Monday, February 18, 2019

2019 Cannabis and Hemp Bills Introduced in New Mexico’s Legislature



Santa Fe - On this President’s Day, we are now over four weeks into New Mexico’s limited 60-Day Session at the Roundhouse, leaving state legislators 27 days left in the session to tackle over 20 different bills for Medical Cannabis, Hemp, and Recreational Cannabis.

So far New Mexico lawmakers have passed and sent 45 bills to Governor Lujan Grisham. Of those 45 bills sent to Governor Lujan Grisham, 42 of those bills, signed into law, were legislation passed in previous years but vetoed by former Governor Martinez. The entire first month of the limited 60-Day session was spent on old business with nothing new passed for the state.

This week at the Roundhouse in Santa Fe, several crucial Medical Cannabis and Hemp bills are scheduled for committee hearings and one very important bill scheduled for a Senate floor vote. 






Medical Cannabis & Hemp Bills Scheduled for Floor Vote or in Committee


Monday, February 18, 2019
US Congressional Representative Deb Haaland will address a joint session of the House and Senate close to the Noon hour today, both chambers convene at 11 am today. Representative Haaland’s speech will be webcast live here and all the committee hearings will be webcast live.

Senate Bill 204, Medical Cannabis in Schools, is schedule for the Senate Floor Calendar today, Monday February 18 2019, after the joint session. Senate Bill 204 will be read to the Senate, there will be a debate, and then a vote for passage in the Senate. After that then Senate Bill 204 is sent to the House chamber for its first committee there. Senate Bill 182, Licensure of Pharmacists, is also schedule for the Senate Floor.

Senate Bill 299, Medical Cannabis and Indian Nations, is scheduled for the Senate Judiciary Committee today, Monday February 18 2019, at 1:30 PM (or half hour after floor session ends) in Room 321. 


Tuesday, February 19, 2019

Senate Bill 477, Medical Cannabis and Removal of Children, is scheduled for the Senate Public Affairs Committee at 1:3o PM (or half hour after floor session ends) on Tuesday, February 19 2019, in Room 321.

Senate Bill 406, Medical Cannabis Changes, is scheduled for the Senate Public Affairs Committee at 1:3o PM (or half hour after floor session ends) on Tuesday, February 19 2019, in Room 321.

Senate Bill 404, Three (3) Year Medical Cannabis Certification, is scheduled for the Senate Public Affairs Committee at 1:3o PM (or half hour after floor session ends) on Tuesday, February 19 2019, in Room 321.

Senate Bill 323, Decrease Cannabis Penalties, is scheduled for the Senate Public Affairs Committee at 1:3o PM (or half hour after floor session ends) on Tuesday, February 19 2019, in Room 321.

Senate Bill 338, No Indoor E-Cigarette Use, is scheduled for the Senate Public Affairs Committee at 1:3o PM (or half hour after floor session ends) on Tuesday, February 19 2019, in Room 321.

House Bill 581, Hemp Manufacturing Act, is scheduled for the House Agriculture and Water Resources Committee at 8:30 AM on Tuesday, February 19 2019, in Room 315.

https://nmcannabisconference.com/2019-conference/


2019 Bills for Medical Cannabis, Hemp, & Recreational Cannabis Policy


Medical Cannabis and Decriminalization Legislation
Senate Bill 204, Medical Cannabis in Schools, Introduced by Senator Candace Gould:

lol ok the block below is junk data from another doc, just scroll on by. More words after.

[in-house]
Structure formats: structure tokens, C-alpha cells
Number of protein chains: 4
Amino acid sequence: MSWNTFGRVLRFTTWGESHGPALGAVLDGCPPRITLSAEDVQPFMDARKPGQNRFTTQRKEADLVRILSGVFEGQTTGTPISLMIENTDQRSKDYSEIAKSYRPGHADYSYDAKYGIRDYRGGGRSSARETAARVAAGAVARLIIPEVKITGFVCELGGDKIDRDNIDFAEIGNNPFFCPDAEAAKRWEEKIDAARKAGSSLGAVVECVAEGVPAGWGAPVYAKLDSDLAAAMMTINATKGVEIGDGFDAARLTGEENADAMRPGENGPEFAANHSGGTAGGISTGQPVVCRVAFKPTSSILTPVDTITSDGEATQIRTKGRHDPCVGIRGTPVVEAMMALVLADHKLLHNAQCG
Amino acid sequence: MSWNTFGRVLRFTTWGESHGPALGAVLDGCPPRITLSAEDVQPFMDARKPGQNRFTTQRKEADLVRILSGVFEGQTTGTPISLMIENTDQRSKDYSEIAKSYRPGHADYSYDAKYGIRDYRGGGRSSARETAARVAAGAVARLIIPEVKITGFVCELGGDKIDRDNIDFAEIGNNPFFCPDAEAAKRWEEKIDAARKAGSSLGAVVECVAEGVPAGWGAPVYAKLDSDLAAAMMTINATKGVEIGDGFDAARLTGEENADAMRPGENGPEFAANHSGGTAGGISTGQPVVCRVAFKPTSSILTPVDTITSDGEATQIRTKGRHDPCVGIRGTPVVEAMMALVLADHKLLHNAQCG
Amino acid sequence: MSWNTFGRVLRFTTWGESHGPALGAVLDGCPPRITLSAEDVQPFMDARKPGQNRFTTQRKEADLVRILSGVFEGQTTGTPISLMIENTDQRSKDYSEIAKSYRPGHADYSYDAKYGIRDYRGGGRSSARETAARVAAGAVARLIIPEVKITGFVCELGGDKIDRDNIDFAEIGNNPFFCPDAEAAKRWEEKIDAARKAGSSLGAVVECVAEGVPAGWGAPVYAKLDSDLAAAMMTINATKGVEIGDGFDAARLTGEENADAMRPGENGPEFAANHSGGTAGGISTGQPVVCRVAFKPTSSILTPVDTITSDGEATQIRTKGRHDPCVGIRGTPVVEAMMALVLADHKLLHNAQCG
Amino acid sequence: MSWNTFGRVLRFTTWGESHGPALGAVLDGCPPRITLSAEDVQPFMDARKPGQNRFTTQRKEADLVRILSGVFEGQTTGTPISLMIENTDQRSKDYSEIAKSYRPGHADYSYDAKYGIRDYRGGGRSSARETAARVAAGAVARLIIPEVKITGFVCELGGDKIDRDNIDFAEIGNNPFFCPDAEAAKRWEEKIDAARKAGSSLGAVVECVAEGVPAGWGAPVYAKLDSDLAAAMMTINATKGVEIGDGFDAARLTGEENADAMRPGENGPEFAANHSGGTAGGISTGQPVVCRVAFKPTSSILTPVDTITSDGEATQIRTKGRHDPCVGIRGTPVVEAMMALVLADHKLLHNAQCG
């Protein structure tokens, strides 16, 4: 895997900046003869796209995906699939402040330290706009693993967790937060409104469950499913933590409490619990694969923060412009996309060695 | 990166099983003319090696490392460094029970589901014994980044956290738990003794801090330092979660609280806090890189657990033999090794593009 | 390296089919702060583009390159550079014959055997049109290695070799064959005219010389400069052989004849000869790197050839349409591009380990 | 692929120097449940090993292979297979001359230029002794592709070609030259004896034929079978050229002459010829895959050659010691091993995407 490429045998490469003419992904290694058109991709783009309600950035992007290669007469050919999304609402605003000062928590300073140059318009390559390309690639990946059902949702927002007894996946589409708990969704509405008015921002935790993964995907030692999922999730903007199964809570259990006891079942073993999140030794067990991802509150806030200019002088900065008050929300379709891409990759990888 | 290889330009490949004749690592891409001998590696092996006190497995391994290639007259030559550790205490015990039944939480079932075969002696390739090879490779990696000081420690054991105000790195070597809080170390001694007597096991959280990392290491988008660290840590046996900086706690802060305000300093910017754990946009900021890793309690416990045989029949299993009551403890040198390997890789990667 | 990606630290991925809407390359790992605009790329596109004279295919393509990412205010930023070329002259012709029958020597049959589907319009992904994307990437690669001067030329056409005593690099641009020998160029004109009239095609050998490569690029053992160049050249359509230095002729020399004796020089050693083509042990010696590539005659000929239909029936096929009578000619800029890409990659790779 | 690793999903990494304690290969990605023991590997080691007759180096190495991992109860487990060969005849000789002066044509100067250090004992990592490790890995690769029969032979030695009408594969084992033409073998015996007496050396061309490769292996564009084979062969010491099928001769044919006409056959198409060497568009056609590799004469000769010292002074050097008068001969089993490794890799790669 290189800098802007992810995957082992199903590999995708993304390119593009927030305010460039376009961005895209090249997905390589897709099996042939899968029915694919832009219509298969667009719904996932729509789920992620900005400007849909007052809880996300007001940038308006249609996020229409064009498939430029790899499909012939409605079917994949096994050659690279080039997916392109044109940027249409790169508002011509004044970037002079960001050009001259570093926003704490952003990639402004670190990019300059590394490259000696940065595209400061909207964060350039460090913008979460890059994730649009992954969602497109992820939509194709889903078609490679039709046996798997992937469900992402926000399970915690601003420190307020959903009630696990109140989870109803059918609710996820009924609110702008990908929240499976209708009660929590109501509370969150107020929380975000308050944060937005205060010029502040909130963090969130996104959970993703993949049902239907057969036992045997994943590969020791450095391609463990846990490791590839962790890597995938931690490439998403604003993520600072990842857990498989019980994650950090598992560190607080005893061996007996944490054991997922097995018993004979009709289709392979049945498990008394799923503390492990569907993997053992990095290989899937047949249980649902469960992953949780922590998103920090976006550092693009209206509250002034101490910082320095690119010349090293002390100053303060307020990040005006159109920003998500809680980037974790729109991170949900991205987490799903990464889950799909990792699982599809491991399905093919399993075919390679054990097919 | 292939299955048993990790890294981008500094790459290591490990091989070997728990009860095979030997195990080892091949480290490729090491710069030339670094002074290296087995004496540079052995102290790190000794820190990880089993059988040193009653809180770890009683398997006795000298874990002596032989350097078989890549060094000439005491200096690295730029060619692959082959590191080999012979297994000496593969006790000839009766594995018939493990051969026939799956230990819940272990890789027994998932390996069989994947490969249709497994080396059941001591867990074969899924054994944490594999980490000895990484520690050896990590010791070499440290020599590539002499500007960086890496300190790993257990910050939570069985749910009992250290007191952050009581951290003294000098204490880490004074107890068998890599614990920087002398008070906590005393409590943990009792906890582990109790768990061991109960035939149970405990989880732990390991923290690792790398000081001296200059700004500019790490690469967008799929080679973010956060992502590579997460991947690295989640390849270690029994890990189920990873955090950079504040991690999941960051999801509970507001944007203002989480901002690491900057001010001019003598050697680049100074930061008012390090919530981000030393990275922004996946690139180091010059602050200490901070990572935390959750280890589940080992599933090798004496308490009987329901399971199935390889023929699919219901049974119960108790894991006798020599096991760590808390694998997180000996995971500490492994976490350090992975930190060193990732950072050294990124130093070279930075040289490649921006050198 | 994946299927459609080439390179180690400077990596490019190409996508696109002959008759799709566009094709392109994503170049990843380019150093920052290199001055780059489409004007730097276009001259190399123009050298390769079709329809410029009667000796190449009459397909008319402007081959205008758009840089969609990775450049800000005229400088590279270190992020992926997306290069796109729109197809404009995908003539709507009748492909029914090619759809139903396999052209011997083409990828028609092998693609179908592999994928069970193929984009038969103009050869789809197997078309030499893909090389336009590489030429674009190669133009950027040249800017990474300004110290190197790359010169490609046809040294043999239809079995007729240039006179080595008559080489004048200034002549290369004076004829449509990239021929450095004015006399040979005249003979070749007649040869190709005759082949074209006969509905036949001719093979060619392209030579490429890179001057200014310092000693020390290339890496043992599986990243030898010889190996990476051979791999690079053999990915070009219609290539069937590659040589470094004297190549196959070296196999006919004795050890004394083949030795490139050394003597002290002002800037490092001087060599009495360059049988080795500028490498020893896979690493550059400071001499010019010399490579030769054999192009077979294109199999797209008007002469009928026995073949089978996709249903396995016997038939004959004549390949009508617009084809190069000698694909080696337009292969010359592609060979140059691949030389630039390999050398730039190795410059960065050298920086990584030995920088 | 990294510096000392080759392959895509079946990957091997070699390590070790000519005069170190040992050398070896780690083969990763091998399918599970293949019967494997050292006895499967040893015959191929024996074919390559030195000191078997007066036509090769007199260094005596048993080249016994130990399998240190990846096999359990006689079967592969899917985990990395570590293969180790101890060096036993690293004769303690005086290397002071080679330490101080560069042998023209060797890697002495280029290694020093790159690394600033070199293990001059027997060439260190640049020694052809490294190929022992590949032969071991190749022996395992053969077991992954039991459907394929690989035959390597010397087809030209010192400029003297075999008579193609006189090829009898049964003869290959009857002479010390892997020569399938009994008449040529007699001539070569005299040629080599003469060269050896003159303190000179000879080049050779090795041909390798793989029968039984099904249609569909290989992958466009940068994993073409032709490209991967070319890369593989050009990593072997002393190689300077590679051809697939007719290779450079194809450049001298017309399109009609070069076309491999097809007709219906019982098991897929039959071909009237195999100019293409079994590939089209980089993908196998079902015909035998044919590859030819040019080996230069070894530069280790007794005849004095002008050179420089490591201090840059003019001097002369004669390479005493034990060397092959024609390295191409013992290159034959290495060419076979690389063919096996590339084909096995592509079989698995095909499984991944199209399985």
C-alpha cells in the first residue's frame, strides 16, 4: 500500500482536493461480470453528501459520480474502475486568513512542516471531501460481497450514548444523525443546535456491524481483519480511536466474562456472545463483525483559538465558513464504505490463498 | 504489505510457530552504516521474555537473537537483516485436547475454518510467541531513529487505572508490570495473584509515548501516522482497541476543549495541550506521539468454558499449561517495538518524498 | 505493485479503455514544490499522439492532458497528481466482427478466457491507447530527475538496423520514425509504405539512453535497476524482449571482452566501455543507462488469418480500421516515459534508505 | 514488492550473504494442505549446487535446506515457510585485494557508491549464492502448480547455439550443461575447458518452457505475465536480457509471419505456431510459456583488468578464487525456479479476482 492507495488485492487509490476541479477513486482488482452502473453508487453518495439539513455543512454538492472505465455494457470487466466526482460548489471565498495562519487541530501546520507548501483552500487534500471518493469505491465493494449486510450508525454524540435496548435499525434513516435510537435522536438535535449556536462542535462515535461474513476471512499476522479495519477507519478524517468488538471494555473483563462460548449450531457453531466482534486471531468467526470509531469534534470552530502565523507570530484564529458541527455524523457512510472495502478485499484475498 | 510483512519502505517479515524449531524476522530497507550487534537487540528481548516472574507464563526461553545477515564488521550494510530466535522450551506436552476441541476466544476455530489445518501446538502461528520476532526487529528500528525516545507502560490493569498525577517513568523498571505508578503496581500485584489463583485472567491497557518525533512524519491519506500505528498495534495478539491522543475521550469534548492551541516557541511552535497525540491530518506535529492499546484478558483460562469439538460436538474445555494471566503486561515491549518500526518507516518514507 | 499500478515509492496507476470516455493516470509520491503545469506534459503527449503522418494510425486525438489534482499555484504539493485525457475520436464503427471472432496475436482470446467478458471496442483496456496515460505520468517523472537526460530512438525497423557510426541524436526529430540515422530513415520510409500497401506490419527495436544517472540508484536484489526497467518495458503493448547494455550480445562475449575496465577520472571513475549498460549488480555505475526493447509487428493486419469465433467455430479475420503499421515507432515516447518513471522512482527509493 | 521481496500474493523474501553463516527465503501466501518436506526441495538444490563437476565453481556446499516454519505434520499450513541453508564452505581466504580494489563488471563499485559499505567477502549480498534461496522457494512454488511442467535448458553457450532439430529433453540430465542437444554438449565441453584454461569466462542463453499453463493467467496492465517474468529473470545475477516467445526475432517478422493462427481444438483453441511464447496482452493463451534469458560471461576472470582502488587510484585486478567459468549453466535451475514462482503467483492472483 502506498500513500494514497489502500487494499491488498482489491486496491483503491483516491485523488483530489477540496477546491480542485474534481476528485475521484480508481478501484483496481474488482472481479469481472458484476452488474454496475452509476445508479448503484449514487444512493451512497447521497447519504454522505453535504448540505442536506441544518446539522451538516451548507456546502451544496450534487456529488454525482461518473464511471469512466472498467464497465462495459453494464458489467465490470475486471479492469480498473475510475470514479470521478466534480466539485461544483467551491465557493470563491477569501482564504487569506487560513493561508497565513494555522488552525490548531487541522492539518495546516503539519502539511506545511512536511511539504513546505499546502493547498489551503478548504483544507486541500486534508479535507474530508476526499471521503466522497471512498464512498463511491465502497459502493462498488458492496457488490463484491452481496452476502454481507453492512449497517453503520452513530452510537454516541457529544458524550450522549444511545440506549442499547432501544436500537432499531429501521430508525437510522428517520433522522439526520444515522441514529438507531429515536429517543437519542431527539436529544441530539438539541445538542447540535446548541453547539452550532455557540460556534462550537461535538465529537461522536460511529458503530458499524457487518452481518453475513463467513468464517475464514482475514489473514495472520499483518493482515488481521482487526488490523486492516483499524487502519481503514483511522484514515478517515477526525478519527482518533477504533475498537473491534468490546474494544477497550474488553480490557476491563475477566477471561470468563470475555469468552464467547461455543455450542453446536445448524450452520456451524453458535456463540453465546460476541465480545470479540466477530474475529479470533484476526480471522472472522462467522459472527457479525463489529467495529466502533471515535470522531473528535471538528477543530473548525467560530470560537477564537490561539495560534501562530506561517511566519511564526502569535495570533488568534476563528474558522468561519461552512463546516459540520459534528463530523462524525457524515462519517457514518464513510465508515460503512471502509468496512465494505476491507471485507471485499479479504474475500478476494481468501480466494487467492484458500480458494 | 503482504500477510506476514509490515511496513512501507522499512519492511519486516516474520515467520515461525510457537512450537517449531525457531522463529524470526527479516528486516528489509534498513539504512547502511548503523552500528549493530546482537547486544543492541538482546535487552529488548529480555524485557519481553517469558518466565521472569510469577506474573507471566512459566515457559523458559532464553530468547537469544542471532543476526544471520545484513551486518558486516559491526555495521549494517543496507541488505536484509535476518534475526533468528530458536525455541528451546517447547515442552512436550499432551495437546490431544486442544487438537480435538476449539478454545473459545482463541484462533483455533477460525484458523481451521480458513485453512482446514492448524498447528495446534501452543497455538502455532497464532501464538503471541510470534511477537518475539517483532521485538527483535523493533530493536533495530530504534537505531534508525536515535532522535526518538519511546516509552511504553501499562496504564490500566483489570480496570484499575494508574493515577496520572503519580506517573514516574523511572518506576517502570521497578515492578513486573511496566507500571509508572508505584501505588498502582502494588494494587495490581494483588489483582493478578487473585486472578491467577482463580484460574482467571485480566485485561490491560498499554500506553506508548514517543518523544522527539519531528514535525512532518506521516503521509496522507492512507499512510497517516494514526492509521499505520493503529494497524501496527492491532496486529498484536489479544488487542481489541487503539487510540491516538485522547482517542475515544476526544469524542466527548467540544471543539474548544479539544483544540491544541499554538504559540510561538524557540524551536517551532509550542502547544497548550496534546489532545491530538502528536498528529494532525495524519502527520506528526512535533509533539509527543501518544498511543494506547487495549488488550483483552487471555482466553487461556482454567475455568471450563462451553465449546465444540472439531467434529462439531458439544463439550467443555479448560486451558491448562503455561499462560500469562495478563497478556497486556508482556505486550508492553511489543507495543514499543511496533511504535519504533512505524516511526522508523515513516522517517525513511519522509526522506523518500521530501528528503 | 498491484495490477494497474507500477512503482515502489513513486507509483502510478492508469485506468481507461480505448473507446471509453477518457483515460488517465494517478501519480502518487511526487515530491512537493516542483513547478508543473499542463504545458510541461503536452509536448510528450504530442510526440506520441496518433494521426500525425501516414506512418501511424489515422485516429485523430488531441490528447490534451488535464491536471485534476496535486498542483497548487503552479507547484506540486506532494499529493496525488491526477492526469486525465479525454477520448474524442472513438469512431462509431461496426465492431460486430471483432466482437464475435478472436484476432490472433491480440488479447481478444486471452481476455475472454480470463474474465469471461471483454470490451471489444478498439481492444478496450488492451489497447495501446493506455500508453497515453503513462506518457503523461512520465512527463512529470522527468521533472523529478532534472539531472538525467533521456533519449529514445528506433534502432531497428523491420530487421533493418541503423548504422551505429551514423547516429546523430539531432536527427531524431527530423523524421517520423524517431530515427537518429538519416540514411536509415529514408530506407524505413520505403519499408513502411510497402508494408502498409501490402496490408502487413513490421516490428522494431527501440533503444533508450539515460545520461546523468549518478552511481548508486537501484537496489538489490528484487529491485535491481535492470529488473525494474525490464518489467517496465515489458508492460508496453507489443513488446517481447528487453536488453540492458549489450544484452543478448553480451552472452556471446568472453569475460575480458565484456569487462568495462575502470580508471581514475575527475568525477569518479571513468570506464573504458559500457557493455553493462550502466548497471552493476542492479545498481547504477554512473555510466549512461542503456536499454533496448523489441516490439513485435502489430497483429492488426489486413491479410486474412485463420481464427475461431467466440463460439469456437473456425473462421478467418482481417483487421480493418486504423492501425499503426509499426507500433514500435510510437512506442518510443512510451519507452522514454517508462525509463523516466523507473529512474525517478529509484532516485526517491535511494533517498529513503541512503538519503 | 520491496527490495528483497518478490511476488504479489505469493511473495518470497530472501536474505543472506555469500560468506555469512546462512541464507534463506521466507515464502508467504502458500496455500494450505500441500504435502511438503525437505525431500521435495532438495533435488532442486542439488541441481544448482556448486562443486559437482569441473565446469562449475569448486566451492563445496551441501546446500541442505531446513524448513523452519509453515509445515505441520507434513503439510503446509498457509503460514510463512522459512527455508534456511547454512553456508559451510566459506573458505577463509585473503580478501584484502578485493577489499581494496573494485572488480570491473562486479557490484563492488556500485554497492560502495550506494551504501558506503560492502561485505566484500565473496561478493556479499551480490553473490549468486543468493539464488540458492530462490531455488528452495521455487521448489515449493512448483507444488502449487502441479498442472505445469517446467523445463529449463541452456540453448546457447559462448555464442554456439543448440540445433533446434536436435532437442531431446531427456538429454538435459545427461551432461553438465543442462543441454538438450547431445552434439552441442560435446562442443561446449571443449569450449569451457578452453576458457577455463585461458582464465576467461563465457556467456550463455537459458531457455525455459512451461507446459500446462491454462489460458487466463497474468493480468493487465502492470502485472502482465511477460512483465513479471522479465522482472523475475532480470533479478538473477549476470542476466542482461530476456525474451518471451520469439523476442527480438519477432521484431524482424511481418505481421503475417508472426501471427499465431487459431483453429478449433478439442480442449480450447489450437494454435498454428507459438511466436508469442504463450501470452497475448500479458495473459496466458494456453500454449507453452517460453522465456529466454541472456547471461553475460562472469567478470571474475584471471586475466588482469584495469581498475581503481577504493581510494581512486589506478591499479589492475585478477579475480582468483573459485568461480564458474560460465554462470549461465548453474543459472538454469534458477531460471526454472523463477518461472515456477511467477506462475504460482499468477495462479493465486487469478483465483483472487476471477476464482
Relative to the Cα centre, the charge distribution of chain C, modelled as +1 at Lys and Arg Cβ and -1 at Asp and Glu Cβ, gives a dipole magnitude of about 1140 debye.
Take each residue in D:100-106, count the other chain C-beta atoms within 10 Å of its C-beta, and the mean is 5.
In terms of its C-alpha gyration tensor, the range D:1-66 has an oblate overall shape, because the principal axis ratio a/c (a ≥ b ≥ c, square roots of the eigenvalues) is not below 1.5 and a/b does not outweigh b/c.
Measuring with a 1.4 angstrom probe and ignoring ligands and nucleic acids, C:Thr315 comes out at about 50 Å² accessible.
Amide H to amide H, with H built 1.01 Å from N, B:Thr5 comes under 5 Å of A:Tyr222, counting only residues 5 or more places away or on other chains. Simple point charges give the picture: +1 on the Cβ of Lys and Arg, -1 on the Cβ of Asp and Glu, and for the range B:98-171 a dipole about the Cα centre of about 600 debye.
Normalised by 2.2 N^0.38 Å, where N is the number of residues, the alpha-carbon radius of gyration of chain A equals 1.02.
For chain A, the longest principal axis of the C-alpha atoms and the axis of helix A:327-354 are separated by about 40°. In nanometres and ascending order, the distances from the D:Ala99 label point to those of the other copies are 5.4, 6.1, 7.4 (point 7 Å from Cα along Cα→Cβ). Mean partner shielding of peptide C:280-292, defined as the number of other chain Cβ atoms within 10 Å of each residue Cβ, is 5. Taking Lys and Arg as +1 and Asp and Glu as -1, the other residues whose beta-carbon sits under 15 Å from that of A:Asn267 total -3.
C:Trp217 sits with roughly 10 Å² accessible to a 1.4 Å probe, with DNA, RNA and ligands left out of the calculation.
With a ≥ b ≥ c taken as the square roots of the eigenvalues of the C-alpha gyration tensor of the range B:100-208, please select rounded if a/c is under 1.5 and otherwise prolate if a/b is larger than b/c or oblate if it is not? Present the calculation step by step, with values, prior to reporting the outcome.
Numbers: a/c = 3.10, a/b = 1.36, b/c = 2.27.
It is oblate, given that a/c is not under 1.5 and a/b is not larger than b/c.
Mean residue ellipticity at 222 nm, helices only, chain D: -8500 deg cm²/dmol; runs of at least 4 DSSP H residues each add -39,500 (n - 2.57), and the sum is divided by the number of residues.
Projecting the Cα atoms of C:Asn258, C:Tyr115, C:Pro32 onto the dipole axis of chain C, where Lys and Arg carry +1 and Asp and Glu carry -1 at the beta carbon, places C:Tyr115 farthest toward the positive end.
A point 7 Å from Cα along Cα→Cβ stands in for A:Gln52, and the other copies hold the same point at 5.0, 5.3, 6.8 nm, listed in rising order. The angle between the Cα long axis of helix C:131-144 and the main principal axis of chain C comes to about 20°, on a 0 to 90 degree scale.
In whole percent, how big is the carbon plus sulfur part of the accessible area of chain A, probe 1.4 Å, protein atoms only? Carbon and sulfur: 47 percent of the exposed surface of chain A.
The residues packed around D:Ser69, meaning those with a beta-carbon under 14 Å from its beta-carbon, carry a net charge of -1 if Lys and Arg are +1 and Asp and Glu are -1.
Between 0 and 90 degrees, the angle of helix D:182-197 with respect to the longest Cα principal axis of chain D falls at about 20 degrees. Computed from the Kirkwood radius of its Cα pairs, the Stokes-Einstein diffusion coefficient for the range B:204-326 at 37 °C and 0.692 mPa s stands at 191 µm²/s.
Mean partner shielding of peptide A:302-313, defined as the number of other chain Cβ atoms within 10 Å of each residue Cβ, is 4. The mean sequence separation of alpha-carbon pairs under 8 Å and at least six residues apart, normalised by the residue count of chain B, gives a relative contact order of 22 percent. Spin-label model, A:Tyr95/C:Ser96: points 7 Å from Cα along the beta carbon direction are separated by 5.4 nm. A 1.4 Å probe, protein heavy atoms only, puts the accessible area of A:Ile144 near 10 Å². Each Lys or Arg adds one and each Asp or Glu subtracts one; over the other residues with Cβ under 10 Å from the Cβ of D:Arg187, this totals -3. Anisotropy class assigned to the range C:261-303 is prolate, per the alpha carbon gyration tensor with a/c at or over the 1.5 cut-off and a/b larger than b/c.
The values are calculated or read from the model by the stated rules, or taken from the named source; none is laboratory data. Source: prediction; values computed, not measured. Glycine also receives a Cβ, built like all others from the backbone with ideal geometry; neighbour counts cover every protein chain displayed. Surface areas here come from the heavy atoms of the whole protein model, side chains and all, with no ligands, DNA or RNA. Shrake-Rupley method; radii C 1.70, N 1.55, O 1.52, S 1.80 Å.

Senate Bill 204 would create a new section of the Public School Code to permit the use, storage, and possession of medical cannabis in school settings under certain conditions. Students may not self-administer the medication, and parents, guardians, or school personnel may not administer the medication to students in a way disruptive to school. SB-204 would also amend the Lynn and Erin Compassionate Use Act to remove criminal and civil liability for the use of medical cannabis on school premises, buses, or other public vehicles. (Legislative Analysis)


Senate Bill 477, Medical Cannabis and Removal of Children, Introduced by Senator Antoinette Sedillo Lopez. Senate Bill 477 proposes a new section of law be added to the Abuse and Neglect Act, the Family Services Act, and the Public School Code. The proposed section of the Abuse and Neglect Act would indicate that a person’s participation in the state’s medical cannabis program shall not constitute grounds for intervening, removing, or placing their child into state custody. In the proposed amendment to the Family Services Act, a person’s participation in the medical cannabis program should not establish grounds for provision of prevention, diversion, or intervention services to that person’s family. The proposed section of the Public School Code would provide that no employee of a school shall report or threaten to report a parent for alleged child abuse or neglect only due to the parent’s or child’s participation in the medical cannabis program. (Legislative Analysis)


Senate Bill 299, Medical Cannabis and Indian Nations, Introduced by Senator Benny Shendo Jr. Senate Bill 299 adds a new section to the Lynn and Erin Compassionate Care Act to authorize DOH to enter into intergovernmental agreements with “any sovereign Indian nation, tribe or pueblo located in New Mexico that elects to implement the provisions of the medical cannabis program”. The bill would allow DOH to provide any assistance to Indian nations, tribes, or pueblos they may request in implementing their own medical cannabis programs and guidelines on implementation. The bill includes and emergency clause. (Legislative Analysis)


Senate Bill 406, Medical Cannabis Changes, Introduced by Senator Gerald Ortiz y Pino.
Senate Bill 406 amends the Lynn and Erin Compassionate Use (of medical cannabis) Act, in general increasing the ease with which patients with medical conditions can qualify for the use of medical cannabis, their caretakers can help them with its purchase and use, and decreasing the frequency with which patients must recertify as still having a qualifying condition. The list of qualifying conditions is markedly lengthened, with an “elastic clause” indicating that a card is to be issued when a health care provider believes that a patient will benefit from medical cannabis. Certification of patients for use of medical cannabis could be performed in person or via telehealth. A new board, comprised of users and producers of medical cannabis is created alongside the existing medical advisory board, and a medical advisory board’s majority decision that a medical condition be added to the list of qualifying conditions would be final. Receipt of medical cannabis would not be a disqualifying condition for a transplanted organ, and would not constitute grounds for intervention as a criterion for child abuse or neglect. Employers could not keep employees with registry cards from using medical cannabis at work unless the employer could prove a safety issue existed.